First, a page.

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Ultraviolet radiation and benthic algae and invertebrate communities in montane lakes of Jasper, Canada.
Tank, Suzanne1, Schindler, David1, 1
ABSTRACT- The increased flux of ultraviolet-B radiation to the earth's surface has been well documented. In aquatic systems, increases in water clarity caused by acidification and climate change may further elevate the penetration of all wavelengths of solar radiation, causing aquatic organisms to face increased ultraviolet (UV) exposure. Although several studies suggest that exposure to UV should cause algae to be less nutritious for their consumers, this prediction has been poorly tested in the field. This study was conducted in four montane lakes in Jasper National Park, Alberta, where epilithon (algae growing on hard substrates) was colonized under three different UV regimes, and measured for changes in biomass and food quality. UV-exposed and unexposed epilithon was also fed to benthic invertebrates, whose growth rates were measured under both treatments. Benthic invertebrates preferentially colonized substrates shielded from UV. Results suggest that UV does decrease epilithic biomass (measured by chlorophyll a and particulate carbon), while preliminary food quality data show no UV effect. Accordingly, invertebrates fed UV exposed epilithon exhibit no growth response in the above feeding experiment.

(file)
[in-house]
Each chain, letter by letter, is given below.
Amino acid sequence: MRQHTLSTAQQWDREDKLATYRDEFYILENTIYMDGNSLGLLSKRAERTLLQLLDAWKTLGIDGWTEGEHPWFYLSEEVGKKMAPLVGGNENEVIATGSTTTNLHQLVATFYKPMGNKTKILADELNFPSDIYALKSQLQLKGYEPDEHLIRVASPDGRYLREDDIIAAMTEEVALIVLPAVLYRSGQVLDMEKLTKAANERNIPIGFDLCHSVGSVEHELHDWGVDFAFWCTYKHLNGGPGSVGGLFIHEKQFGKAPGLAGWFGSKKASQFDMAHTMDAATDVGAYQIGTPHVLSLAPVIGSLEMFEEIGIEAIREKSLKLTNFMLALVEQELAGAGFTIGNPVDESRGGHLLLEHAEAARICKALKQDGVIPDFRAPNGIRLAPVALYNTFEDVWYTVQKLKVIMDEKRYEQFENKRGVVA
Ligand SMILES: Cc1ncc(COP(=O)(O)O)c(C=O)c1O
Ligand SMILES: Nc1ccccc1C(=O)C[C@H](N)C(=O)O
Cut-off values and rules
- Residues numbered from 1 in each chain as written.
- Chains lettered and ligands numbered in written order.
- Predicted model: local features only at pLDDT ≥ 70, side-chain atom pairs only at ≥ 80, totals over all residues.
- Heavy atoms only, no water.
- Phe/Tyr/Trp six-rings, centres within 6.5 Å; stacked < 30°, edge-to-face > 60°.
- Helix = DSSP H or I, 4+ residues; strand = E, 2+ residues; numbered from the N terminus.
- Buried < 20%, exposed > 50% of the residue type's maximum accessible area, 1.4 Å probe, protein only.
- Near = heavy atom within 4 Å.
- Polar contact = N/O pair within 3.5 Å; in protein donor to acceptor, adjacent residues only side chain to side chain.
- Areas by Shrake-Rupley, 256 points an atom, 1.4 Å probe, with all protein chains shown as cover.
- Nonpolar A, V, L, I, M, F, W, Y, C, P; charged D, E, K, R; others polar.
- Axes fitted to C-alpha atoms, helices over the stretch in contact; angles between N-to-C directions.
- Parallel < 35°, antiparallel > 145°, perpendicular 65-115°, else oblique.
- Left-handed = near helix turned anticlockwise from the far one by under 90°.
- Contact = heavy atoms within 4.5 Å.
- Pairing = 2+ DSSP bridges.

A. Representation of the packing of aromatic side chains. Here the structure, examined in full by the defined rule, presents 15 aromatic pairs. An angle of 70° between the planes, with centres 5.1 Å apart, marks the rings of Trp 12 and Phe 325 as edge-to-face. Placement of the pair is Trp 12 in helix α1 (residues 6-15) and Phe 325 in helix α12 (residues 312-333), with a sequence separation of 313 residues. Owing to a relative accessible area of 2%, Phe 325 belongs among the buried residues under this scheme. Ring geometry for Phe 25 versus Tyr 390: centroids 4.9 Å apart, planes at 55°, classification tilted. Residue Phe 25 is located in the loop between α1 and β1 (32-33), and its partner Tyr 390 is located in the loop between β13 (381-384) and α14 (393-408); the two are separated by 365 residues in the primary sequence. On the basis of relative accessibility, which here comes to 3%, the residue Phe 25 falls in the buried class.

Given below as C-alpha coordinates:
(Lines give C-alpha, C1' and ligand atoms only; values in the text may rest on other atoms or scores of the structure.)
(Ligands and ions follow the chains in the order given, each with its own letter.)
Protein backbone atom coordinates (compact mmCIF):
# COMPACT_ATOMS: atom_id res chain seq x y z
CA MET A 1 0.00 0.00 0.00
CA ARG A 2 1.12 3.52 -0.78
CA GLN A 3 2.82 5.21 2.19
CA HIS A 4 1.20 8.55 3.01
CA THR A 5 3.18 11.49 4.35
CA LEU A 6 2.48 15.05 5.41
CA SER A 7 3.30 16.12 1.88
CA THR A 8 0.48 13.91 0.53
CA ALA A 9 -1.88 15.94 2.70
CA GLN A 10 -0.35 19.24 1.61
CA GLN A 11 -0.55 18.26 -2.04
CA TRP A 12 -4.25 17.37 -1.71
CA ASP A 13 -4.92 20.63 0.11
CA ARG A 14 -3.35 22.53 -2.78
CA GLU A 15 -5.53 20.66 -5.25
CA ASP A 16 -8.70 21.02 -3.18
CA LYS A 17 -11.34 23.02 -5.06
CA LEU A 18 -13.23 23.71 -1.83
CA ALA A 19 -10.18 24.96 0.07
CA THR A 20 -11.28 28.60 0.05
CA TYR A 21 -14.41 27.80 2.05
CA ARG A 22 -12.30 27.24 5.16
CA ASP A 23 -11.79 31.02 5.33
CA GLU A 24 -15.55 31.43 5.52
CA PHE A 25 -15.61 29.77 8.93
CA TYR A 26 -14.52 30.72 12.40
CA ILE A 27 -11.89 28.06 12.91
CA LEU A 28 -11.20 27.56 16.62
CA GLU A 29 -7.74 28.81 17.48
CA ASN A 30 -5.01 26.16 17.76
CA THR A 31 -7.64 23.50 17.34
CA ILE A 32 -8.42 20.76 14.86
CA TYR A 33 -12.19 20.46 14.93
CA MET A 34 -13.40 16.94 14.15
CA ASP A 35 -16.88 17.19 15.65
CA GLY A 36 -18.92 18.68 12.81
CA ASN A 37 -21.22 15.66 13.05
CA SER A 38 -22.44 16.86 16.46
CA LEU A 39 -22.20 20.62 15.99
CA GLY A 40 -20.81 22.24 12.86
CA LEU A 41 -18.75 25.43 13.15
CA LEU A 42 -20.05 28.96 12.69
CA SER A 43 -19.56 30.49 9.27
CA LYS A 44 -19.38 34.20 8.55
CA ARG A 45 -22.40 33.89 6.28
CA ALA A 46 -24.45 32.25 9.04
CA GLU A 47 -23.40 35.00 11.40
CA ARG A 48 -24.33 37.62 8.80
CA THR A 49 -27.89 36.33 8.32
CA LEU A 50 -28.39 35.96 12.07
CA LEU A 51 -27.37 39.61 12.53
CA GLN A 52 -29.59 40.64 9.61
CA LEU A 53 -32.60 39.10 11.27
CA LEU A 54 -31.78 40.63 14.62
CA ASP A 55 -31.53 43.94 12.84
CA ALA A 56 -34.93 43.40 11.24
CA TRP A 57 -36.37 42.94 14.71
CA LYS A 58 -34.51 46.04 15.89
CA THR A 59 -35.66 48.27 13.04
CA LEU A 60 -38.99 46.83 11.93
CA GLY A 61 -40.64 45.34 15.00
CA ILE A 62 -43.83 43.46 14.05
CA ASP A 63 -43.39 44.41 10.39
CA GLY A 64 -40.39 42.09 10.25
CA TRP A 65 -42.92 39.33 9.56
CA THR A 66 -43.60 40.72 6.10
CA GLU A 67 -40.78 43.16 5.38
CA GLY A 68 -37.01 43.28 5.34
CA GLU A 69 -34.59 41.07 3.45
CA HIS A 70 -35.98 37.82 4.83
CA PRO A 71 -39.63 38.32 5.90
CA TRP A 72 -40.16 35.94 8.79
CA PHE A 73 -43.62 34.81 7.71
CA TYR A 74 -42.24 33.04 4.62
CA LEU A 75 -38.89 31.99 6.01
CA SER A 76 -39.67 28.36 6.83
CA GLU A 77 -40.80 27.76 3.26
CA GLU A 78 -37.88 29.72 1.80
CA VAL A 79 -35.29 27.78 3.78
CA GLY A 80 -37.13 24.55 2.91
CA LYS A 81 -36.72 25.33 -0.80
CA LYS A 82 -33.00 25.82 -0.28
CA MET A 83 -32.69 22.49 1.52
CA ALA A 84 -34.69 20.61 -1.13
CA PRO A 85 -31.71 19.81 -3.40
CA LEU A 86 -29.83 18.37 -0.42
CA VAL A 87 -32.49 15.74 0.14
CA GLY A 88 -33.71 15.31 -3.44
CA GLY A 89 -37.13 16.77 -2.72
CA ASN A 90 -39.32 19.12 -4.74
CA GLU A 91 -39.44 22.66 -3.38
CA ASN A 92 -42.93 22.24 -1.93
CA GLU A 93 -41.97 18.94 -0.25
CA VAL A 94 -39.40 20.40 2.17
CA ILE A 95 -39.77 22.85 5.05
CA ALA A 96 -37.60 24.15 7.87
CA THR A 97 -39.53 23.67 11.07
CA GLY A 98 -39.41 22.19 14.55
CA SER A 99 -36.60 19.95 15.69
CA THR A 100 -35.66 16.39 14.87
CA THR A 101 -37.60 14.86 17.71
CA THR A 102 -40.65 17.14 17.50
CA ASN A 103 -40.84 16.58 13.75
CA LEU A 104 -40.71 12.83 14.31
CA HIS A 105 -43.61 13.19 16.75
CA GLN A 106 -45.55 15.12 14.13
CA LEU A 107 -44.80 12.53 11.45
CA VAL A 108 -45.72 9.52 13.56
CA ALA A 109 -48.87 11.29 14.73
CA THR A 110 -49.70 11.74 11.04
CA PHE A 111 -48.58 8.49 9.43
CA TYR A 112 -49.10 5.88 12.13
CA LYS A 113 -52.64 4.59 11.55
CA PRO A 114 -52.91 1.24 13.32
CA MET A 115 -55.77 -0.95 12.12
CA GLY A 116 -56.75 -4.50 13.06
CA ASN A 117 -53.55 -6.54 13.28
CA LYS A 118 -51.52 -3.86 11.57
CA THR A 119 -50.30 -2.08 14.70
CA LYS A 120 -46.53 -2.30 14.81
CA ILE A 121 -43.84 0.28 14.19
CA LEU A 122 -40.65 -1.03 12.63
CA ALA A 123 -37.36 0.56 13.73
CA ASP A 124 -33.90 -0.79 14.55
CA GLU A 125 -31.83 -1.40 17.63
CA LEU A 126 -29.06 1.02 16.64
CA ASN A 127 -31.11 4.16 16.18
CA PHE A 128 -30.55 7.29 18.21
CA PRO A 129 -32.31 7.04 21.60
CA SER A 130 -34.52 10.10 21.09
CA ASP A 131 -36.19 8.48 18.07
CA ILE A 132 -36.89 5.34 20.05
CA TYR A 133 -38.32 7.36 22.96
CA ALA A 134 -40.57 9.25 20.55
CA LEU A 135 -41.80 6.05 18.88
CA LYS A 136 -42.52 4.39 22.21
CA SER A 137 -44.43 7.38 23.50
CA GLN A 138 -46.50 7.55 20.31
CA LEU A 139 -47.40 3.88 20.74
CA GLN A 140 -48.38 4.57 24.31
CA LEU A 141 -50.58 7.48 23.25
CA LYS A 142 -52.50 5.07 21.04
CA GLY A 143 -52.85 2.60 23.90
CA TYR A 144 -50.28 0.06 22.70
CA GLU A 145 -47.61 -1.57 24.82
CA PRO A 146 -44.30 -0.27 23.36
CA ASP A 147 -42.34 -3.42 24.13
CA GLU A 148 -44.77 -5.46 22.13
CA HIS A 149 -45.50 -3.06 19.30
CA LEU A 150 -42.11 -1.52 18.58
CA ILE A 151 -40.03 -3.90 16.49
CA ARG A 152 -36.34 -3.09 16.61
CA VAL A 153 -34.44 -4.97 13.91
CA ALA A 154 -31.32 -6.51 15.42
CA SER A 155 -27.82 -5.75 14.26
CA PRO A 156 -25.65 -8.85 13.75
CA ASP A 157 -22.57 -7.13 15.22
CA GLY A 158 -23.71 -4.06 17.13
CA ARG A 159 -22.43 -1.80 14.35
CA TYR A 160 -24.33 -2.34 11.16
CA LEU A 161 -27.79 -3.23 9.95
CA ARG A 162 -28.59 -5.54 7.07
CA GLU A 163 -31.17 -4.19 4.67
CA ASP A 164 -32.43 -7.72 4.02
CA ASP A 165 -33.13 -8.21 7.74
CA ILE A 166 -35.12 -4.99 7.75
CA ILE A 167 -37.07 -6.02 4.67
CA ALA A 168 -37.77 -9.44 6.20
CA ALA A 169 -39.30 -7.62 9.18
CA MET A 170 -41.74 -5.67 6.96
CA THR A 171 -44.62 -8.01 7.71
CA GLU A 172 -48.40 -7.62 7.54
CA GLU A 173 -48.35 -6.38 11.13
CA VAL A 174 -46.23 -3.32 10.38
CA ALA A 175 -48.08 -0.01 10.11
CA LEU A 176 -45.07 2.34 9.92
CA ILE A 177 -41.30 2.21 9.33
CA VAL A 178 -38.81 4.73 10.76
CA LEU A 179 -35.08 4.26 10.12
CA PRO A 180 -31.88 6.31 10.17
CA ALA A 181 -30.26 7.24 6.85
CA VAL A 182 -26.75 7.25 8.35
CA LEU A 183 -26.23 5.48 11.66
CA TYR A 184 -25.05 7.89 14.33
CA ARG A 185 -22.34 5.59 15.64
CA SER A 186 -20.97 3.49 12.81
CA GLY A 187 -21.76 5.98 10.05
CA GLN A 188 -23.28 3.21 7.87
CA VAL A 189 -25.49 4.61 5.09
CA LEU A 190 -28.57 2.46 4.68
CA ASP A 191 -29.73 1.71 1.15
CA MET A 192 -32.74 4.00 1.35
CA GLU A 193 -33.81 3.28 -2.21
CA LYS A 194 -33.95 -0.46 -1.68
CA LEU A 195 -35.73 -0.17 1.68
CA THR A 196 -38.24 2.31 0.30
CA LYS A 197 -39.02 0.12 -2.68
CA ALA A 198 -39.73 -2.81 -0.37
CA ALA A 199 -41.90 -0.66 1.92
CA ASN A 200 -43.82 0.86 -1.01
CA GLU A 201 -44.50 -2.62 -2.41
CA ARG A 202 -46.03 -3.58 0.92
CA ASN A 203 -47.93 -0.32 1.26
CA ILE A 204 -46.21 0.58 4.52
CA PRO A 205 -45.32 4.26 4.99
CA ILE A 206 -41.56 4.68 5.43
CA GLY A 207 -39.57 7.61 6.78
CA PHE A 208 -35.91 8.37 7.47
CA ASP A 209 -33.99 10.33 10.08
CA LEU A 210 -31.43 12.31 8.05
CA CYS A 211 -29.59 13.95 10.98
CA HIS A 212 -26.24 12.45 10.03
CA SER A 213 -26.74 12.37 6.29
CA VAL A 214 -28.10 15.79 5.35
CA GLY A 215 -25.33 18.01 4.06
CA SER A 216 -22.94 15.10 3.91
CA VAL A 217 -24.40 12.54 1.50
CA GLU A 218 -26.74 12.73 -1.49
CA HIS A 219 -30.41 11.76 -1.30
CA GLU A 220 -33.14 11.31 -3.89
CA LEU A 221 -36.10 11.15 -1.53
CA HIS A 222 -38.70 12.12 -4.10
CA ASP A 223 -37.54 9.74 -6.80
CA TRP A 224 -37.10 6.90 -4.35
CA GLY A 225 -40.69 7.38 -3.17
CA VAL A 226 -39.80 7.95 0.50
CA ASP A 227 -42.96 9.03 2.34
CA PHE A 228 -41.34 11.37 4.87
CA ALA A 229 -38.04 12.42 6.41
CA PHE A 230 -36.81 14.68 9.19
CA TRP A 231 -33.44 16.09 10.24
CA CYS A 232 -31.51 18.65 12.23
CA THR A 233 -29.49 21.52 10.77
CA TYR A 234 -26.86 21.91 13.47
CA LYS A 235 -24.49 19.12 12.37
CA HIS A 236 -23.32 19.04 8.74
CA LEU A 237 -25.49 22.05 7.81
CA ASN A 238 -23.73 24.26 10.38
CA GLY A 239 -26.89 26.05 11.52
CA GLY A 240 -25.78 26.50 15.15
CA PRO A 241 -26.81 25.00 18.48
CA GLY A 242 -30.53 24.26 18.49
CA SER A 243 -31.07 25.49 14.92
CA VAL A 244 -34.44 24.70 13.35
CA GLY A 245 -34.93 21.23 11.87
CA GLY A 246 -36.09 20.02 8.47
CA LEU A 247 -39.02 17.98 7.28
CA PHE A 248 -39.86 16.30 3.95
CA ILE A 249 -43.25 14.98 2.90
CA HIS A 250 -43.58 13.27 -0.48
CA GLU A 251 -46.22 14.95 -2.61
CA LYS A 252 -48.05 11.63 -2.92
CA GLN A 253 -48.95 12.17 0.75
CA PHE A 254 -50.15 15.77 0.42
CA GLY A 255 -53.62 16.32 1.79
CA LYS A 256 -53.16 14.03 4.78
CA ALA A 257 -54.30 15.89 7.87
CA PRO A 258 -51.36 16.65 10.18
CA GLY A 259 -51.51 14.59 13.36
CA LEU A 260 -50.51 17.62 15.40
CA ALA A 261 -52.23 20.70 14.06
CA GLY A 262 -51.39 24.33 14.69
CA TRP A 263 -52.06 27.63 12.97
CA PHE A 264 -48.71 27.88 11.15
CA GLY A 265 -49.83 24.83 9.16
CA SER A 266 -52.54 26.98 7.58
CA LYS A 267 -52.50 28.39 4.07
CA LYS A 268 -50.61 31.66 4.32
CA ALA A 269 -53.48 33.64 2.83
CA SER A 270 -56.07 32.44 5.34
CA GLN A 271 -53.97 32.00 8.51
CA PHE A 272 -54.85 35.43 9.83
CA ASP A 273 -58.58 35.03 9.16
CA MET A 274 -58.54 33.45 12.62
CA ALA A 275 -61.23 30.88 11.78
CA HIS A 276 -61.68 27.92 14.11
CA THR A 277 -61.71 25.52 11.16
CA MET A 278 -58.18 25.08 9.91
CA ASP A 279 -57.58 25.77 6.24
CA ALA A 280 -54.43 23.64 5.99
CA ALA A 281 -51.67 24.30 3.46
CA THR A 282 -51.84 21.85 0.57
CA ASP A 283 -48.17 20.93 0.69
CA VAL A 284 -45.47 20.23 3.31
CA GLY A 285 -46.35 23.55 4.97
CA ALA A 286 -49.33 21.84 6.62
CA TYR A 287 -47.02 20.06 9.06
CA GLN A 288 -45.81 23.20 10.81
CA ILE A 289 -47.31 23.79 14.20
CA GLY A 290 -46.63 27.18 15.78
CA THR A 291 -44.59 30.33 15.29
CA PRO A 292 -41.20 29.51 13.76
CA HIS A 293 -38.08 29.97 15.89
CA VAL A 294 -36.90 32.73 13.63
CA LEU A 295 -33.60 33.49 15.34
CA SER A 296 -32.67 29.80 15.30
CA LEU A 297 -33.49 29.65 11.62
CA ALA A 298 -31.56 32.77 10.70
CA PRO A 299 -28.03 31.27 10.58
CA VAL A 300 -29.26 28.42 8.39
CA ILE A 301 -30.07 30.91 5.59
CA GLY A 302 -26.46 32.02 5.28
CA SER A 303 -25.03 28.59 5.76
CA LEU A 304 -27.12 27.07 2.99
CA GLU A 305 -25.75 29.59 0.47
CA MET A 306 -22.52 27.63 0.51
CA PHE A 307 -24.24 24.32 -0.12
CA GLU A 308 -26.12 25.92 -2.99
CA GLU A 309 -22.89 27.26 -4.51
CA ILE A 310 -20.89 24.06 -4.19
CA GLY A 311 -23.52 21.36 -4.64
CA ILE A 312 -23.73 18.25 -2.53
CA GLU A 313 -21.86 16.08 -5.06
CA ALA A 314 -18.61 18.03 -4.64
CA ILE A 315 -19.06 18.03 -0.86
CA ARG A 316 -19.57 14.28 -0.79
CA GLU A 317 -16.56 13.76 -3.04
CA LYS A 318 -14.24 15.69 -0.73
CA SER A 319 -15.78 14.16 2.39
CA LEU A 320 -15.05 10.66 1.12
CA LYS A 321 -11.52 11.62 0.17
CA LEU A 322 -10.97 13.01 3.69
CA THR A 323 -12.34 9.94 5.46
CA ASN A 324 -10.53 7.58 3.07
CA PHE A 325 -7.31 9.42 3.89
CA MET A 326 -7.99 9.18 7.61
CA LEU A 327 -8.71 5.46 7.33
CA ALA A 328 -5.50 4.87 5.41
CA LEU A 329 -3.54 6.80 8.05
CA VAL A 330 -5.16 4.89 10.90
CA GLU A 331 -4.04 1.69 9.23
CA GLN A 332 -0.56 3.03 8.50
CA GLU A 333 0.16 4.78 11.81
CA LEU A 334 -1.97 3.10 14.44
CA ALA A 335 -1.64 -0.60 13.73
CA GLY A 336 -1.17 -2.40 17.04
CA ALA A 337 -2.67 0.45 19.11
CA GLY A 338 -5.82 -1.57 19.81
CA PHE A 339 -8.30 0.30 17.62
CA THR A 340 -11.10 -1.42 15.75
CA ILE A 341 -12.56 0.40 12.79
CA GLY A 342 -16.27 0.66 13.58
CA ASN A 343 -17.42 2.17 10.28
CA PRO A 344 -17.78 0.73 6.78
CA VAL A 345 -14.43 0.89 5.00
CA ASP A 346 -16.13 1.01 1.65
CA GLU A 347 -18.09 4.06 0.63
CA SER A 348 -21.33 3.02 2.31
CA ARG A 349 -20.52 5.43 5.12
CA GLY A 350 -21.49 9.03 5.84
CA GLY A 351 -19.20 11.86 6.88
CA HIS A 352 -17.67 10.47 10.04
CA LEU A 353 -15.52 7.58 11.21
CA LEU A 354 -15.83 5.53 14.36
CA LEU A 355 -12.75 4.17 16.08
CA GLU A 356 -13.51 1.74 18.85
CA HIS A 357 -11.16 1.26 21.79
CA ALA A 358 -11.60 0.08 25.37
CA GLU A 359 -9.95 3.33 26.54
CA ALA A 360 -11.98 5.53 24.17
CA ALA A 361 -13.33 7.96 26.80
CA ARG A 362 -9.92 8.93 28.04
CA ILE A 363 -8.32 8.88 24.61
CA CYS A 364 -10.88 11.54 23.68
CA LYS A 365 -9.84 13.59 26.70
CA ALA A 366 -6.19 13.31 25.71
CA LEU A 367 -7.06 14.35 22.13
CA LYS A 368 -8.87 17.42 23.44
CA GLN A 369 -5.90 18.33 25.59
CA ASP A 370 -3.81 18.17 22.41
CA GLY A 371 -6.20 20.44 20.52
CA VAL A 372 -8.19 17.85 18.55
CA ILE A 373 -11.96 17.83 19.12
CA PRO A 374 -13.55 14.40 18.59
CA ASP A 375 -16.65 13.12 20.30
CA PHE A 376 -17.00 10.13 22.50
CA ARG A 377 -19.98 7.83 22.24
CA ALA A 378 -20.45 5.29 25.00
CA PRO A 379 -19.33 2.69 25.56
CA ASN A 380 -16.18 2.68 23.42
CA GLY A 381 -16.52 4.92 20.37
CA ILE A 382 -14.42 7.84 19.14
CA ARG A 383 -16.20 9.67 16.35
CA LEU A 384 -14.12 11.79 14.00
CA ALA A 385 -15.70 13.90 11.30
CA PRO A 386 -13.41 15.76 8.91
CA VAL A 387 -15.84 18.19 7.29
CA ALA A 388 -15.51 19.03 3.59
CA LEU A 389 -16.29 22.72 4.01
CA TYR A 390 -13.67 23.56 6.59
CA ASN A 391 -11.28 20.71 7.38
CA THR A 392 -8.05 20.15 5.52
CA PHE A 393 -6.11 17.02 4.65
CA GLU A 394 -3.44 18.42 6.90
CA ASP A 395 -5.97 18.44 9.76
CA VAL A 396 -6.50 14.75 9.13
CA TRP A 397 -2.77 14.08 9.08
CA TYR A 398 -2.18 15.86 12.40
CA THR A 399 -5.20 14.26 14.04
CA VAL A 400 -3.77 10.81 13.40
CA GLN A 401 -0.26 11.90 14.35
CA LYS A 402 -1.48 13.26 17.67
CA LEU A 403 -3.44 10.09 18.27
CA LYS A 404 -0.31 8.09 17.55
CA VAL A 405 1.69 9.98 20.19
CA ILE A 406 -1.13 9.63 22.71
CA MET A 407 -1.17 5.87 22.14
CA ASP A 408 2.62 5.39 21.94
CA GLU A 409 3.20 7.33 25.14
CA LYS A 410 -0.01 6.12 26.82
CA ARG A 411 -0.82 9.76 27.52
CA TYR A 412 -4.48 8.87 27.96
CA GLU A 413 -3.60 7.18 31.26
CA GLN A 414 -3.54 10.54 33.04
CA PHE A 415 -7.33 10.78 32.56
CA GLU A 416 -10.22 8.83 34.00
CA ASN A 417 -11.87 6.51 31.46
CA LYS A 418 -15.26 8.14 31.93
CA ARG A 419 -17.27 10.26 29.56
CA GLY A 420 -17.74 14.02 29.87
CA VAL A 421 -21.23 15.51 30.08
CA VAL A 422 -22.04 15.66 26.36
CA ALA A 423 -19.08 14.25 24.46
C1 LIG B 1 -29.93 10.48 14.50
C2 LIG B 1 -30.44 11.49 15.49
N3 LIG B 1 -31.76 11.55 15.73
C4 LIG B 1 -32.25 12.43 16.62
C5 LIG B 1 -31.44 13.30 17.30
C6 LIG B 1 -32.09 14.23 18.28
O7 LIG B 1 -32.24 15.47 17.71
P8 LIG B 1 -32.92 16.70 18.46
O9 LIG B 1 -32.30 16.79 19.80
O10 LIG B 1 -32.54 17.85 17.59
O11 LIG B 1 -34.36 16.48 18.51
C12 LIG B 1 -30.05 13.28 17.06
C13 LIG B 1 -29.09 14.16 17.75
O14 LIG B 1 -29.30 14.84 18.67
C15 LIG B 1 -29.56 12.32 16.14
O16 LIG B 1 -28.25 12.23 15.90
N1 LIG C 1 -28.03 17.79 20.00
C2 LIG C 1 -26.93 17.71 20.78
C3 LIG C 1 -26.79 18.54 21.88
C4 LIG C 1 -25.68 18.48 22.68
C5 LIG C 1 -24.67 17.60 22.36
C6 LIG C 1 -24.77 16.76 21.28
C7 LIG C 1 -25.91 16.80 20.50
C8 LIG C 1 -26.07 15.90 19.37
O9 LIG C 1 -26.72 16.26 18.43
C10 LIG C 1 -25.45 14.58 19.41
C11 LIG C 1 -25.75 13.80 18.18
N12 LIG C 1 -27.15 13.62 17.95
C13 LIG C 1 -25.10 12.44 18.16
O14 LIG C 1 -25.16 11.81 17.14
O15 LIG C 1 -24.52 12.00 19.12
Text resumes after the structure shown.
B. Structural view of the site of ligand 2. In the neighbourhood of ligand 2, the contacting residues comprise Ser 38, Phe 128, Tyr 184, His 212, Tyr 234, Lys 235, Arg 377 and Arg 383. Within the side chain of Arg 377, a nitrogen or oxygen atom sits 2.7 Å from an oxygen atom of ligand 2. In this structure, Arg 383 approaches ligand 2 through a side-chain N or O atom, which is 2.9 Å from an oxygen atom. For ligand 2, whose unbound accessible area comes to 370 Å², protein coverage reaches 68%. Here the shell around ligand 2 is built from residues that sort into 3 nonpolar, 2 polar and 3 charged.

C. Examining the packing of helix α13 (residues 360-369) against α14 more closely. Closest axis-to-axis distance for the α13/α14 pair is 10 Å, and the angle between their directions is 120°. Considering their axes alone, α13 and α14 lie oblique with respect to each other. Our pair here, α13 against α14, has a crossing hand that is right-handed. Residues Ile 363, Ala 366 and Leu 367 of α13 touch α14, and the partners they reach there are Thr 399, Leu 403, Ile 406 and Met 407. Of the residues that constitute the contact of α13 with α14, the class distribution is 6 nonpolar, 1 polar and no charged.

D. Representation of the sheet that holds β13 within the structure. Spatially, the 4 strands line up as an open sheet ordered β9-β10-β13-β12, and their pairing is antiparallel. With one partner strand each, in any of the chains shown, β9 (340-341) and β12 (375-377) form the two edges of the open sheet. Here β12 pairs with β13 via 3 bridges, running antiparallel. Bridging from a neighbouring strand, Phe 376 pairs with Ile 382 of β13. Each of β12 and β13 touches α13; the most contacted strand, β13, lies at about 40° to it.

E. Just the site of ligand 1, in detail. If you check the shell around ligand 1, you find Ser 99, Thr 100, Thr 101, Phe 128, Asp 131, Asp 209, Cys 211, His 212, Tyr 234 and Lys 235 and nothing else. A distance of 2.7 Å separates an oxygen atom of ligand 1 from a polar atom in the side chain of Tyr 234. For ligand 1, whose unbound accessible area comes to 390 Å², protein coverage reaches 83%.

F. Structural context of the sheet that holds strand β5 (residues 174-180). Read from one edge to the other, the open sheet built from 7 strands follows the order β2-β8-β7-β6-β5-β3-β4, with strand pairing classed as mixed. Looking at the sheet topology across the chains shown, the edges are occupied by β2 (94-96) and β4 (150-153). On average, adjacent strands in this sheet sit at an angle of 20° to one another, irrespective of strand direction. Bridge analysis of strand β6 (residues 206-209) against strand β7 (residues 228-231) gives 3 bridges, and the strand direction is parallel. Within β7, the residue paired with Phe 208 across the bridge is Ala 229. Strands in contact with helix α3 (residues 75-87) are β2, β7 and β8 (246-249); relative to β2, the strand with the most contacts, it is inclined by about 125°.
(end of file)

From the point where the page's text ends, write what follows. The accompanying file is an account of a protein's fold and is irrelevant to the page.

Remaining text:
KEY WORDS: ultraviolet radiation, epilithon, invertebrates, food quality